Supermoon at its peak Saturday

Supermoon at its peak Saturday

Credit: AFP/Getty Images

A supermoon rises next to the ancient Greek temple of Poseidon at Cape Sounion, some 65 kilometers south of Athens, on June 23, 2013. AFP PHOTO / ARIS MESSINIS (Photo credit should read ARIS MESSINIS/AFP/Getty Images)


by KGW Staff and Doyle Rice, USA TODAY

Bio | Email | Follow: @KGWNews

Posted on July 11, 2014 at 7:56 AM

Updated Saturday, Jul 12 at 4:38 PM

The full moon this weekend will be another so-called "Supermoon," the first of three to grace the sky this year. Since the moon is "fullest" early Saturday morning, you can look for the Supermoon both Friday and Saturday nights.

KGW Meteorologist Nick Allard said the moon was already impressive very early Friday morning, and with mostly clear skies expected Friday night, it should only get better.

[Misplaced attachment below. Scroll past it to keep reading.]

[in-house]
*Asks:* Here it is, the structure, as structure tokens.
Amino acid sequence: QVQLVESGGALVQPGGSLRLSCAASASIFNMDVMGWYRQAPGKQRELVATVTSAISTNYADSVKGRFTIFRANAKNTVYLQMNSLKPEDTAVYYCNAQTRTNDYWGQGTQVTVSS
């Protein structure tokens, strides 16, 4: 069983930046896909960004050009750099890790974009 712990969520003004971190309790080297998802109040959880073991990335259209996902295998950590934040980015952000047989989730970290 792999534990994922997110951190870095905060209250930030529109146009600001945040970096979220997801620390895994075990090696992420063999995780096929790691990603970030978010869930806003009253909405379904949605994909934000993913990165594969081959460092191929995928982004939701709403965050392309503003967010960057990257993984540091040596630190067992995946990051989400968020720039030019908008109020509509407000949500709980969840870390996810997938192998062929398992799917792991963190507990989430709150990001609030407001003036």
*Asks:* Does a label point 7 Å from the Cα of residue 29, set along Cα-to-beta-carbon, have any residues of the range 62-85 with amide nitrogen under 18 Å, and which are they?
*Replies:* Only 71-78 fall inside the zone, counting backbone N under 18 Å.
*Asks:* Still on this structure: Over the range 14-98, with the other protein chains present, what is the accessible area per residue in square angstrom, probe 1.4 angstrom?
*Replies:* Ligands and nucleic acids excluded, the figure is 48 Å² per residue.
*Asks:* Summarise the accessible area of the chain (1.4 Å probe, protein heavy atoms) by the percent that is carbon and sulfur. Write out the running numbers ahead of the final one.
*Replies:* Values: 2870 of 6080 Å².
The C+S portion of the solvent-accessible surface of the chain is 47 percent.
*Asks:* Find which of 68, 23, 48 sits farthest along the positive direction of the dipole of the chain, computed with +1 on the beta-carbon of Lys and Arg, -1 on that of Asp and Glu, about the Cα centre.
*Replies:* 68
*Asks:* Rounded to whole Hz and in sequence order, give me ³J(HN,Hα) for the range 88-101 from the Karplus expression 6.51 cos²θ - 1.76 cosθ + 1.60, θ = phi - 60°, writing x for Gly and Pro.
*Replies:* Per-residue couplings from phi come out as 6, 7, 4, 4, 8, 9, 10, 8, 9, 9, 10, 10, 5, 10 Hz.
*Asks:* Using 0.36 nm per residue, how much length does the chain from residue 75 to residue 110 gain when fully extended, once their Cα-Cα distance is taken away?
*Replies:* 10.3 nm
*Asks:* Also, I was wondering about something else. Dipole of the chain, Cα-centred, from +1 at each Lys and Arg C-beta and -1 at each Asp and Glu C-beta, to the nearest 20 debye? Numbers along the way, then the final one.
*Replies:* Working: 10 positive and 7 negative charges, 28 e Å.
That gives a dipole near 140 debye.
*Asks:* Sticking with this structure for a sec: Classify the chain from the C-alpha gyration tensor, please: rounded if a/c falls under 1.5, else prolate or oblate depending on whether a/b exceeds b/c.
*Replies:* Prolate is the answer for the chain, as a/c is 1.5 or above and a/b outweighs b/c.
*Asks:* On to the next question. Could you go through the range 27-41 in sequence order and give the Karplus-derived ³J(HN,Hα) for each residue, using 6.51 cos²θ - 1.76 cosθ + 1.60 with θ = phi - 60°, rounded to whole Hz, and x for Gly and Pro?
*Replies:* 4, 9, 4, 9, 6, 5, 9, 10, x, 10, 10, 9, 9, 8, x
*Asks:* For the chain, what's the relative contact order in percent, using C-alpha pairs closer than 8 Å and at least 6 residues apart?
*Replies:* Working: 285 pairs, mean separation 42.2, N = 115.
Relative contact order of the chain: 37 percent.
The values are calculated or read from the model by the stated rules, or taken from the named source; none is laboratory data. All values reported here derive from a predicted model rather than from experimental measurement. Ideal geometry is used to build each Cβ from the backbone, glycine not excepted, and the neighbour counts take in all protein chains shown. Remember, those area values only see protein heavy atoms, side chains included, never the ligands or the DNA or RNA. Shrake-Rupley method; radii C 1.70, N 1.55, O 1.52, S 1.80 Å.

"We’ll see a few clouds tonight and early tomorrow morning," he said Friday. "But we should have partly cloudy skies to view the moon with."

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"Overall the illusion is very cool and one I look forward to seeing!" Allard said.

Check out Your Pics of the Supermoon in 2012

A Supermoon occurs when the moon is somewhat closer to Earth than it typically is, and the effect is most noticeable when it occurs at the same time as a full moon, according to James Garvin, chief scientist at NASA's Goddard Space Flight Center in Greenbelt, Md.

The other Supermoons will be in August and September. The one on Aug. 10 will be the biggest of the year, as the moon will be closest to Earth on that day.

The best time to look at the full moon is when it's near the horizon. That is when illusion mixes with reality to produce a truly stunning view, NASA reports. Low-hanging moons look unnaturally large when they beam through trees, buildings and other foreground objects.

Photos: Supermoon around the world

Supermoon is a relatively recent term, likely first coined by an astrologer about 30 years ago, reports EarthSky's Bruce McClure. Before that, "we called them a perigee full moon...Perigee just means 'near Earth,'" he writes.

If you're tired of the Supermoon hysteria, other names for the July, August and September full moons are the Buck, Sturgeon and Corn Moon, respectively, reports David Dickinson of Universe Today.

More from NASA: Three Supermoons in a row